I don’t pretend to know what the best film of 2012 actually was (as though these things can be defined) and I’m not sure I even know that I had a favorite. This has been a peculiar year filled with interesting films. Even the standard Hollywood fair presented some wonderful journeys (Lincoln and Skyfall being standouts). That said, few films emerged as “instant classics” the way they have in other years. The 20 films below make up roughly 20% of the movies I saw, so it’s hard for me to believe there aren’t better ones out there. But these are the ones I found most compelling.
BEST PERFORMANCE: Jafar Panahi, This is Not a Film – I know it’s technically not a “performance” but, to my mind, the moment a camera goes on a little bit of acting happens. And a great performance conveys not only natural human behavior and entertaining character but an idea, a point, or statement. Great actors can parlay concepts with their very beings. In this case, Panahi is “actor” and documentarian. His turn here is a good bit of performance art about the unstoppable will of a filmmaker to do what he was born to do even in the face of oppression.
UNDERRATED: Killing Them Softly – The level of condescension that has surrounded this movie from seemingly intelligent people has been bewildering. Like The Master, Killing Them Softly carefully tells a story that’s as much about its surfaces as its plot.
OVERRATED: Looper & Moonrise Kingdom – I don’t really love the idea of calling films under- or overrated because how a person perceives art is his or her own exercise. I’m sure there’s a some validity to the claims of greatness about both of these pictures. However, I thought they were turkeys with hardly any redeeming qualities. But that’s just me.
WORST FILM: Les Misérables – Sure there are worse films. But pound for pound (taking intended audience, and reaction into account), nothing comes close to this stinker. An incoherent mess of a film with songs jammed against each other, seemingly telling a story that changes directions in a random place of its overlong second act. Held up only by one close-up displaying a fantastic actress singing, Les Miz will be the third in as many years to be an embarrassing Best Picture nominee (Blind Side & Extremely Loud and Incredibly Close being the others). For the record, I’d take Extremely Loud and Blind Side over this one any day.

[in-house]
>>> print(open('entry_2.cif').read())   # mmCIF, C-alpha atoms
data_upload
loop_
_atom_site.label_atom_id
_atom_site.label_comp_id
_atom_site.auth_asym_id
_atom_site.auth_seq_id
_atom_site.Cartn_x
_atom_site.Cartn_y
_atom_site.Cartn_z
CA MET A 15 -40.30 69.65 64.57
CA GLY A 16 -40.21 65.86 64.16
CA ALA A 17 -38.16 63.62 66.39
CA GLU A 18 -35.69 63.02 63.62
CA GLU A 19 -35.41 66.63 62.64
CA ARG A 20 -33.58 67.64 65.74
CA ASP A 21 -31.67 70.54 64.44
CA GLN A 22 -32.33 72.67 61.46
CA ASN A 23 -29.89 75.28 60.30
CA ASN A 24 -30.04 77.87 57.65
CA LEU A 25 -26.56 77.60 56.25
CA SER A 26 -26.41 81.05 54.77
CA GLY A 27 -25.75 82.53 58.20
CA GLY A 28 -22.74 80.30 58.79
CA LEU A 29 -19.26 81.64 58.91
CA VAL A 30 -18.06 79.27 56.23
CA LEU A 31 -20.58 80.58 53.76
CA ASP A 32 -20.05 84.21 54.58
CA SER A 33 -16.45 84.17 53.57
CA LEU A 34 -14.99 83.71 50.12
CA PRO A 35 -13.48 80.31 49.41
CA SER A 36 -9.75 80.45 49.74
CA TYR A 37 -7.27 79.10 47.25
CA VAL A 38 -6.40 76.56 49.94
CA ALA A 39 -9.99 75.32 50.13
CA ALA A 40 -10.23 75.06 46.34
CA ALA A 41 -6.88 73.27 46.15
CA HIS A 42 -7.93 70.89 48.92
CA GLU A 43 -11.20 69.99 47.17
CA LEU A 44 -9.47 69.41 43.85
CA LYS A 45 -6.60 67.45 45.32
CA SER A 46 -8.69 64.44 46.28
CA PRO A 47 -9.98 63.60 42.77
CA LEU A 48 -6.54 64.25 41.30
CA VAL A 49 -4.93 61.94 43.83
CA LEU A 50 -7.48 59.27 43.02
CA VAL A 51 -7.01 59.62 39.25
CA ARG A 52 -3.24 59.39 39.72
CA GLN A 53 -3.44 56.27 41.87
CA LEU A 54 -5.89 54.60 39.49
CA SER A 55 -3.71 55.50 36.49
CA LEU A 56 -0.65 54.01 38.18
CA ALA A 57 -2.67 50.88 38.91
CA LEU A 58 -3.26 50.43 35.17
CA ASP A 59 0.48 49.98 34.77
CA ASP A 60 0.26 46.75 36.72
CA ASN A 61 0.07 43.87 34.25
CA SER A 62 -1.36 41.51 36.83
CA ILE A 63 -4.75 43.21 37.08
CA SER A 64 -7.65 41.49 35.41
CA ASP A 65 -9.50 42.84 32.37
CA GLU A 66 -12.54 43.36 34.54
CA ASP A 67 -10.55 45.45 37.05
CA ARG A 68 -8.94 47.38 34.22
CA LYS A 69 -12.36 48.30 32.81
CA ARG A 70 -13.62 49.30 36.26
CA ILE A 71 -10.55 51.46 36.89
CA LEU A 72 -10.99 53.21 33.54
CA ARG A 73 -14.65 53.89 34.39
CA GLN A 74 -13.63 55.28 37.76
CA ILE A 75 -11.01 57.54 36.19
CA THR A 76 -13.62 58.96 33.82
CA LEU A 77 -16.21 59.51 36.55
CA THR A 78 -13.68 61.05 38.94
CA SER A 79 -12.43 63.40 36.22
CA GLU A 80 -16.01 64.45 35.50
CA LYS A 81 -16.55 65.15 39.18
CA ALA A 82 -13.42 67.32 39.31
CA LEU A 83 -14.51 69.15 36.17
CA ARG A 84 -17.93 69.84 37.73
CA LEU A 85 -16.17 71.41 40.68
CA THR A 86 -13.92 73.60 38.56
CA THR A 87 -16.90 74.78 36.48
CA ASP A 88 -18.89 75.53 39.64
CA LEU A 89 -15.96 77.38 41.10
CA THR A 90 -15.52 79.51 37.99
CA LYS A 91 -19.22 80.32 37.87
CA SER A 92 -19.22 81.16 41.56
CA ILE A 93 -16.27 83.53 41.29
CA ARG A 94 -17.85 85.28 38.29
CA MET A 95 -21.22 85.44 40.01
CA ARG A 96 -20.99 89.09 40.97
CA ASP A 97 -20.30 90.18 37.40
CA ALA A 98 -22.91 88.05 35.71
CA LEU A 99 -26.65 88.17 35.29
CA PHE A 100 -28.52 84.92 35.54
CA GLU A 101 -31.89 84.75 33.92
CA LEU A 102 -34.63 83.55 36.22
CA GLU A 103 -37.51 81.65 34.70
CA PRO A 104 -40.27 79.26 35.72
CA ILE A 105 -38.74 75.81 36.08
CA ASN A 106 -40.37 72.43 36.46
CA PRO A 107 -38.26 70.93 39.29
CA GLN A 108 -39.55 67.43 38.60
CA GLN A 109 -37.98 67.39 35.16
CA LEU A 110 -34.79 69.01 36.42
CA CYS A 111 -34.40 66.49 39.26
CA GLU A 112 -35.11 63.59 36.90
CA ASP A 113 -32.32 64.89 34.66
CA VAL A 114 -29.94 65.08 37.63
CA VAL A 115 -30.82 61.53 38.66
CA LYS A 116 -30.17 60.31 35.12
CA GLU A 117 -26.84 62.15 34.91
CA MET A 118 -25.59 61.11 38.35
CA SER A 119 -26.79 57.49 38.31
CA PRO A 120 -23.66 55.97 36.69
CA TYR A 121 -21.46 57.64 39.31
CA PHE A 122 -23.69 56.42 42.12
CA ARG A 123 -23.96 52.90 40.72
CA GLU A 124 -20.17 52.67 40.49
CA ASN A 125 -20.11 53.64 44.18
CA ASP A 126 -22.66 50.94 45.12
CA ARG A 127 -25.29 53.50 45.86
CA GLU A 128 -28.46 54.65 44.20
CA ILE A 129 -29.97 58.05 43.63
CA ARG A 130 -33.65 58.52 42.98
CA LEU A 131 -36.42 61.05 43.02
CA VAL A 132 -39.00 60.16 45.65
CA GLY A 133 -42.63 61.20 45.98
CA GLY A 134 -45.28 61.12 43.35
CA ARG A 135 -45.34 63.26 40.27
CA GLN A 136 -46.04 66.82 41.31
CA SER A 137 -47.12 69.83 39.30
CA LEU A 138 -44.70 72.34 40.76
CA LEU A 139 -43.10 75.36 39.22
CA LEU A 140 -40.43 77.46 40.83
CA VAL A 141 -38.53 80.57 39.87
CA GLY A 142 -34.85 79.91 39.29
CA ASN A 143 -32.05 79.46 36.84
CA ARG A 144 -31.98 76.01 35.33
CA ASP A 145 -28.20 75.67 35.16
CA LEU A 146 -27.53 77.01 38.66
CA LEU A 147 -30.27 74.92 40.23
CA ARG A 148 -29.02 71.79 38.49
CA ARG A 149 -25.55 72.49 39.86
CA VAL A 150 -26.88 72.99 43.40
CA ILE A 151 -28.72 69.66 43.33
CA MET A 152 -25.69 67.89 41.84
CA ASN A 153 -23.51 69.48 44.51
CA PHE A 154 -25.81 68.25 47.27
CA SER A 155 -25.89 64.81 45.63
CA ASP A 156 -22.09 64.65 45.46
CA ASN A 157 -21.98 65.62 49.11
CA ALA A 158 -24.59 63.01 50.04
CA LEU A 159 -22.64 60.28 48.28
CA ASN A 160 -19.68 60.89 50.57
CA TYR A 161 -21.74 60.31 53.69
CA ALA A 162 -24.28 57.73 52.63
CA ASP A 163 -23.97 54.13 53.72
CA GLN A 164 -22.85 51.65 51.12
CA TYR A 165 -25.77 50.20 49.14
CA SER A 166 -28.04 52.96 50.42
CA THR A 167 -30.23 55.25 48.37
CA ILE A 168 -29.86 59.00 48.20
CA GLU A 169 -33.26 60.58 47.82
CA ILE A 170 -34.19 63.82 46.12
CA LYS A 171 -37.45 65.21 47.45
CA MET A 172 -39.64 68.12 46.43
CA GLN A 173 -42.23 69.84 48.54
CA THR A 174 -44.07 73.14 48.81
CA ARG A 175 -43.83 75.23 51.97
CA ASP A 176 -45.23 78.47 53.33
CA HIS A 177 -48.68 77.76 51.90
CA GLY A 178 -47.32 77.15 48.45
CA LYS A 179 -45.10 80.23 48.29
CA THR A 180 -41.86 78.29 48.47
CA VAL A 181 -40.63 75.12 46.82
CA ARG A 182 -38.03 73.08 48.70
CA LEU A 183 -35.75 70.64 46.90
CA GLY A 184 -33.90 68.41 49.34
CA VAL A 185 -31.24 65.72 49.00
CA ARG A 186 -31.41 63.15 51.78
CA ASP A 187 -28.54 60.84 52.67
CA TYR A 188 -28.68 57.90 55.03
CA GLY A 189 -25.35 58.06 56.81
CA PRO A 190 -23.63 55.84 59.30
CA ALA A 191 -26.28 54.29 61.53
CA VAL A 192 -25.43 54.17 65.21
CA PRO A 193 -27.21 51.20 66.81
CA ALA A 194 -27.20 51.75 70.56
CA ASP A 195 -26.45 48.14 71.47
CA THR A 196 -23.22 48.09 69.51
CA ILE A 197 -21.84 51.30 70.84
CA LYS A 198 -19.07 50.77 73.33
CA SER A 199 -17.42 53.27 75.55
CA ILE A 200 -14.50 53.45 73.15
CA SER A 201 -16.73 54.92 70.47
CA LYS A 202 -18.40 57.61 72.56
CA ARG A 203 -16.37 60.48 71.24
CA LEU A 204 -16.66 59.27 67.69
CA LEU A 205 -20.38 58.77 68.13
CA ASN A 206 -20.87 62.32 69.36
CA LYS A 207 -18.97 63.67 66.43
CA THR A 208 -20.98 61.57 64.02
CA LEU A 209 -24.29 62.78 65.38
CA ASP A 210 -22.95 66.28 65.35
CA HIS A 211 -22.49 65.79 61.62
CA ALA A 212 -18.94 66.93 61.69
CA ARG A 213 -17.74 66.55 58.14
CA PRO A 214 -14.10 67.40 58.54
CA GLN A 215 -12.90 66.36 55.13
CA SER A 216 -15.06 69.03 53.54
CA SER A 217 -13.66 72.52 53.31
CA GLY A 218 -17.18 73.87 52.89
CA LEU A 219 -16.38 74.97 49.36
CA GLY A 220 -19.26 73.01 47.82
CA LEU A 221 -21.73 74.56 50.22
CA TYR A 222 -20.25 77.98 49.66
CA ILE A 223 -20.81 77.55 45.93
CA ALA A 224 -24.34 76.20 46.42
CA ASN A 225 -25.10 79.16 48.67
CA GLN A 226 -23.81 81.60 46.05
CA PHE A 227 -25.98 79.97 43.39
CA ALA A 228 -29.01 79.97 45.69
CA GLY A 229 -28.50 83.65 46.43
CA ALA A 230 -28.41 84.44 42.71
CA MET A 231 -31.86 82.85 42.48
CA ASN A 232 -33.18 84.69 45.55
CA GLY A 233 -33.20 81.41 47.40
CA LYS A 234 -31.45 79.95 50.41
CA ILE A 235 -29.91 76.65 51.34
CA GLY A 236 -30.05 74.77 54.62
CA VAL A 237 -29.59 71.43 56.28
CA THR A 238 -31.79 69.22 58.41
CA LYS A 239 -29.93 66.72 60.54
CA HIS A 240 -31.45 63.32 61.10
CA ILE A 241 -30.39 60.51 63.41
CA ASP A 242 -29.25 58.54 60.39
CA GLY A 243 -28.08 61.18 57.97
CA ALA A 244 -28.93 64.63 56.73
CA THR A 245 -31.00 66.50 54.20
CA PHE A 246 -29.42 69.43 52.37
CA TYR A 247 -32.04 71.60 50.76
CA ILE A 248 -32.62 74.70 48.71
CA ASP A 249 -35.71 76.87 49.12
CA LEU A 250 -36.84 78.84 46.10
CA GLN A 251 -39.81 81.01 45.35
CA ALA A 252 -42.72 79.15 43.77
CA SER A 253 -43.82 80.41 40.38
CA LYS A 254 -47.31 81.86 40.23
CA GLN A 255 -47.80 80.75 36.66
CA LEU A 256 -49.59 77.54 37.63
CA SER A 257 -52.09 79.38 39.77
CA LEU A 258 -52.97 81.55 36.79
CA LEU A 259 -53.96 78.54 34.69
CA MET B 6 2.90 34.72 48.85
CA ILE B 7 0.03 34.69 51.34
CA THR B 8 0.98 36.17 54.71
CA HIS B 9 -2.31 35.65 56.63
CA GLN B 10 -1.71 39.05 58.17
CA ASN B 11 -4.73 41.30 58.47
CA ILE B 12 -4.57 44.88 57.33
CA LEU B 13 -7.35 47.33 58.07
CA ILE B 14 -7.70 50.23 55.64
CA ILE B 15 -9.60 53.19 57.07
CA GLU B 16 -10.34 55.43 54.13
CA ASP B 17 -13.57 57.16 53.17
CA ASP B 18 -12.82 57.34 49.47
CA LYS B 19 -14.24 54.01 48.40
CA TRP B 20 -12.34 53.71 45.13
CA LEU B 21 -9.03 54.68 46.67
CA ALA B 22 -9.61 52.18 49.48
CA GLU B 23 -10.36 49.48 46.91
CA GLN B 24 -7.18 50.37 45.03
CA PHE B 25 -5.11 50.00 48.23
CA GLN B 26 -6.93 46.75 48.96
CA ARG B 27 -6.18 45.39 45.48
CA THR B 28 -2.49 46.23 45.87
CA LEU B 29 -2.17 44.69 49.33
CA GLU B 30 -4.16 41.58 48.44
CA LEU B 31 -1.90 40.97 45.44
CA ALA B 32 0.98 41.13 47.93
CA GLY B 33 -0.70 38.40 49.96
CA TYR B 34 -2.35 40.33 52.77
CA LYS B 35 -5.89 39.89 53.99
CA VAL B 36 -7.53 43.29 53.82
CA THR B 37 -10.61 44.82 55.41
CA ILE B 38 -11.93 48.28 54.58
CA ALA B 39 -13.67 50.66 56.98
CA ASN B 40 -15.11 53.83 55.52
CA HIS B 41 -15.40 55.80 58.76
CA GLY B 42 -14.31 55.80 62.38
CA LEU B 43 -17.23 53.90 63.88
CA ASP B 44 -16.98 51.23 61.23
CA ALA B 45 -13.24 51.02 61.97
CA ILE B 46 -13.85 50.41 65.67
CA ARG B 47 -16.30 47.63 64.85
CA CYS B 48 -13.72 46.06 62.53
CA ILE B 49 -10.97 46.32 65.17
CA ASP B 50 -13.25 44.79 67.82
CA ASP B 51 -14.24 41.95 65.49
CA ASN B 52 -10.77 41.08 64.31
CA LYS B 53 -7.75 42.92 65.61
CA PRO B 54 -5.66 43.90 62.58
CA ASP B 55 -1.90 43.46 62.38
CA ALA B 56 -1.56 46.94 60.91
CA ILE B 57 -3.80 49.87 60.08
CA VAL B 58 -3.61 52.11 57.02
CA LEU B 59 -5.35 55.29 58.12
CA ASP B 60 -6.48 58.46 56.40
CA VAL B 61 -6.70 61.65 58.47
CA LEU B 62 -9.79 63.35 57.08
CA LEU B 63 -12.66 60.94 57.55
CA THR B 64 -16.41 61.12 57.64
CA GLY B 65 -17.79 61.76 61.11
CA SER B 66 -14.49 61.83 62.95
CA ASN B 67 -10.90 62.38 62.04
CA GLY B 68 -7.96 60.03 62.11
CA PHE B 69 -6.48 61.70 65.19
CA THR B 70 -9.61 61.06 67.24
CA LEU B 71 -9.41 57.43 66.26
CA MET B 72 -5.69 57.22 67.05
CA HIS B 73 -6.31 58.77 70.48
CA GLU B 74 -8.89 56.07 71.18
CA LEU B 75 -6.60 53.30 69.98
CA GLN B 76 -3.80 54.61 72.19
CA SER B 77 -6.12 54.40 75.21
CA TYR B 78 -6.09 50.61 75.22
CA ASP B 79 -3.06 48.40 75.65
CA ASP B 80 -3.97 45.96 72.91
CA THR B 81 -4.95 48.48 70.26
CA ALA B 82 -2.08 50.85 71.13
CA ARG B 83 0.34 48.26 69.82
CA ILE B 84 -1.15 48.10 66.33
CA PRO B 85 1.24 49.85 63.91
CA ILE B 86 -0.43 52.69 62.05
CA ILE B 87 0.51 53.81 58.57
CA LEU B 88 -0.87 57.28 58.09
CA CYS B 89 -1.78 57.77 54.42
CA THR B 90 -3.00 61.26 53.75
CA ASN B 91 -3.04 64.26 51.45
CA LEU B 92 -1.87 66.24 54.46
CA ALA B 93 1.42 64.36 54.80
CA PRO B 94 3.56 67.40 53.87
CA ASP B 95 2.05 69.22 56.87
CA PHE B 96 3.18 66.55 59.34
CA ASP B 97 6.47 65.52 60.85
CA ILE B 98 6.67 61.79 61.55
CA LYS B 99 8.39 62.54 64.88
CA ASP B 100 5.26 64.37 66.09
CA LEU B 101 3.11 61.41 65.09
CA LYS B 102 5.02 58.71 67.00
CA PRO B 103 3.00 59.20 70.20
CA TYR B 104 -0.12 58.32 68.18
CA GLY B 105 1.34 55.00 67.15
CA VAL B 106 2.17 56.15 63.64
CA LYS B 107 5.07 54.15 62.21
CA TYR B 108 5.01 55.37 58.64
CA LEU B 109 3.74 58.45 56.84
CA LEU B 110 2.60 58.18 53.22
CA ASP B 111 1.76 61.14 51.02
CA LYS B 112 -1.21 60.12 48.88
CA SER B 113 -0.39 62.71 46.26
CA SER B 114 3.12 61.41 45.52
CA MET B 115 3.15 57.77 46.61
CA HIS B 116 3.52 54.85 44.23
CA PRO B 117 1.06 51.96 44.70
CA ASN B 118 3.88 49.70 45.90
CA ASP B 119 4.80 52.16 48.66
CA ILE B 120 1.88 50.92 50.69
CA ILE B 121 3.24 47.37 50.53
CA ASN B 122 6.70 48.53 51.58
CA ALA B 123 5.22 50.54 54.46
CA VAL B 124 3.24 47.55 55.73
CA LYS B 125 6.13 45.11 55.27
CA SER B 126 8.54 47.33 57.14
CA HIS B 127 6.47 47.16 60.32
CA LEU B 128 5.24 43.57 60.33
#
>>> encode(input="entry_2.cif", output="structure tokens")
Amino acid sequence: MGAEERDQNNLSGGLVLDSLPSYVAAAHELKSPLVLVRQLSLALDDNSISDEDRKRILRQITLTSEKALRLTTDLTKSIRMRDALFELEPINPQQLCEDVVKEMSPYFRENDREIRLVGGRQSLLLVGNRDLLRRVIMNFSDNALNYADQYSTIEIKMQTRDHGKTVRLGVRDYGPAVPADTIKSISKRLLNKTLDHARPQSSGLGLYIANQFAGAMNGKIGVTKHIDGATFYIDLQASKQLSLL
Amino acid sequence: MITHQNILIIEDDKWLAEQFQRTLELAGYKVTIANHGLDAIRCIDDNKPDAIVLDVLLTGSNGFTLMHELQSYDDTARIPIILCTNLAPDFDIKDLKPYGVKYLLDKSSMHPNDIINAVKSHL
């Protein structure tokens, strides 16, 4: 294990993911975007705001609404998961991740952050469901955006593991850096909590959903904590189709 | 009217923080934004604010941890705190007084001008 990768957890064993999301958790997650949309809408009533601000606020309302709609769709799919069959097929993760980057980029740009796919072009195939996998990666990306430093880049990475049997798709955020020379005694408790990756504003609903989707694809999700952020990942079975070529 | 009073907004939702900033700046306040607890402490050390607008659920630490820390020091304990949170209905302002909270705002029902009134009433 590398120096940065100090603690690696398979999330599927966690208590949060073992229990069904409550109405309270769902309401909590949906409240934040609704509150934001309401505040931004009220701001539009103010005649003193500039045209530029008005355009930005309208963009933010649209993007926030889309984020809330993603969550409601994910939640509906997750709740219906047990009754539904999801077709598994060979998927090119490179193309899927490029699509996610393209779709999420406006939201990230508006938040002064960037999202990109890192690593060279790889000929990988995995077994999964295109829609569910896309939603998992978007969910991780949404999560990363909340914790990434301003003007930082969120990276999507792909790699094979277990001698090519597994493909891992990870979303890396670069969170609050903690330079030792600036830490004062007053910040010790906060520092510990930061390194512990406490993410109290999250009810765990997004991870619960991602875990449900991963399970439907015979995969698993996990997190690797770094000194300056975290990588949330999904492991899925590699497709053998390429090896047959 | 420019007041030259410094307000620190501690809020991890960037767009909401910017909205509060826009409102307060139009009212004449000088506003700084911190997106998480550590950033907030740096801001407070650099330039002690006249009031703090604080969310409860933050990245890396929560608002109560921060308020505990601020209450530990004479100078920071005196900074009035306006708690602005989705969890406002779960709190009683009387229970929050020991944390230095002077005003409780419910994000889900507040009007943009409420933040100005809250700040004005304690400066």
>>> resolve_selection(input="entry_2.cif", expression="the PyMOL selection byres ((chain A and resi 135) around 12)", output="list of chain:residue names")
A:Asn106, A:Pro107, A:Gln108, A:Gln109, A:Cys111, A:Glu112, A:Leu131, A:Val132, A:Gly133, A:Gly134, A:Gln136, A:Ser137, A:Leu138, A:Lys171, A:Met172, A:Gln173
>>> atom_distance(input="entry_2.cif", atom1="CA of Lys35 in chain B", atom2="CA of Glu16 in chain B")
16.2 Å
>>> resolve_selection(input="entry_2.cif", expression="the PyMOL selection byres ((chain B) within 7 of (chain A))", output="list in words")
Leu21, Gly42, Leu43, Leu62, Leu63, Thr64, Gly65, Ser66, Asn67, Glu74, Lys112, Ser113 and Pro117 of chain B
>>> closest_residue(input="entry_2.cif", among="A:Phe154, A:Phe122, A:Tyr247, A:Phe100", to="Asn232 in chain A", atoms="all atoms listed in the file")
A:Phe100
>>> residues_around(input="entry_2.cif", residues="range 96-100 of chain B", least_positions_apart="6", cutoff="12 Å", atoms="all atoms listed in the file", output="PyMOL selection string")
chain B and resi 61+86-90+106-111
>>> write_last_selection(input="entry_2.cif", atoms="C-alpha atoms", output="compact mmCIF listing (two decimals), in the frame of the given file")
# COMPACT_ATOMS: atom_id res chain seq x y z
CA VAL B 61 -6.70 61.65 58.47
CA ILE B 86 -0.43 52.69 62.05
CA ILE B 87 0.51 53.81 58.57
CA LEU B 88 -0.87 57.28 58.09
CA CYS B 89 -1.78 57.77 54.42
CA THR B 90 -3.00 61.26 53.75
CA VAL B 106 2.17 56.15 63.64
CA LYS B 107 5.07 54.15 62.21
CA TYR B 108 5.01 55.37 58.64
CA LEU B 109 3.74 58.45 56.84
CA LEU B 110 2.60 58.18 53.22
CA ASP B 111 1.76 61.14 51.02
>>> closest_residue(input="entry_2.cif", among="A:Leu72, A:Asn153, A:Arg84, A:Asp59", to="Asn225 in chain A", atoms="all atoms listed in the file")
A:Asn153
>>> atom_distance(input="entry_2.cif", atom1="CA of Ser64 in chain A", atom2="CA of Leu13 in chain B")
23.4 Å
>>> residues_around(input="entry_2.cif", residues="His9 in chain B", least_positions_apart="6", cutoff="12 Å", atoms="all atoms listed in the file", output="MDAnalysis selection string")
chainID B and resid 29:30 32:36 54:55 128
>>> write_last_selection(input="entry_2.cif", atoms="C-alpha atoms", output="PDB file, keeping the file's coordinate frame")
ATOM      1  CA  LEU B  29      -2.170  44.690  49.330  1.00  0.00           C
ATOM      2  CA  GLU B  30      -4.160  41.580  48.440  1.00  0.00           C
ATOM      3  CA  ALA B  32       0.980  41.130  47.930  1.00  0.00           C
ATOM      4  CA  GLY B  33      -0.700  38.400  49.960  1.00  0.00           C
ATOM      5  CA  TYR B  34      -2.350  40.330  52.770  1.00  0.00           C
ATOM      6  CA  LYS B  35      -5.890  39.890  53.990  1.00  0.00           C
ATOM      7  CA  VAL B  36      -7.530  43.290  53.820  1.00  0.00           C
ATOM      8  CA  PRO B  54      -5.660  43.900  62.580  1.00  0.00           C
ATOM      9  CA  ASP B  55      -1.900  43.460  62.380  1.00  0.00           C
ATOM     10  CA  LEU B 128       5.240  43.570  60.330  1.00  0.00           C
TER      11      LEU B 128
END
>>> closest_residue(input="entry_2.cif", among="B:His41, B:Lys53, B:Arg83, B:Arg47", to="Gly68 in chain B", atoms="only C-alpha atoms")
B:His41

BEST FILM: The Master – After some thought, The Master seemed the obvious choice of best film of the year. No movie was more challenging, confrontational, flawed, meaningful, angry, or altogether aggressive. Yet, no picture has made me more eager to return to it. No film has lived in me in quite the same way. As a one-off experience it’s suffocating in a way quite unlike anything I’ve ever seen. Paul Thomas Anderson has made an original picture that beats to its own internal consciousness. Most people were frustrated by it because it’s conceptually congruent but strangely uncommunicative. I haven’t come anywhere near understanding The Master yet, but I’m so determined to try that no other movie is on its level.
HONORABLE MENTIONS – Arbitrage, Amour, Killing Them Softly, Rust & Bone
Holy Motors (Dir. Leos Carax)
The Color Wheel (Dir. Alex Ross Perry)
War Witch (Dir. Kim Nguyen)
The Imposter (Dir. Bart Layton)
Reality (Dir. Matteo Garrone)
Bernie (Dir. Richard Linklater)
How to Survive a Plague (Dir. David France)
Deep Blue Sea (Dir. Terrance Davies)
Killer Joe (Dir. William Friedkin)
Whores’ Glory (Dir. Michael Glawogger)
Detachment (Dir. Tony Kaye)
Prometheus (Dir. Ridley Scott)
The Central Park Five (Dir. Sarah Burns + Ken Burns + David McMahan)
Middle of Nowhere (Dir. Ava DuVernay)
The Paperboy (Dir. Lee Daniels)
Oslo, August 31st (Dir. Joachim Trier)
Blood of my Blood (Dir. João Canijo)
Cosmopolis (Dir. David Cronenberg)
This is Not a Film (Dir. Jafar Panahi + Mojtaba Mirtahmasb)
The Master (Dir. Paul Thomas Anderson)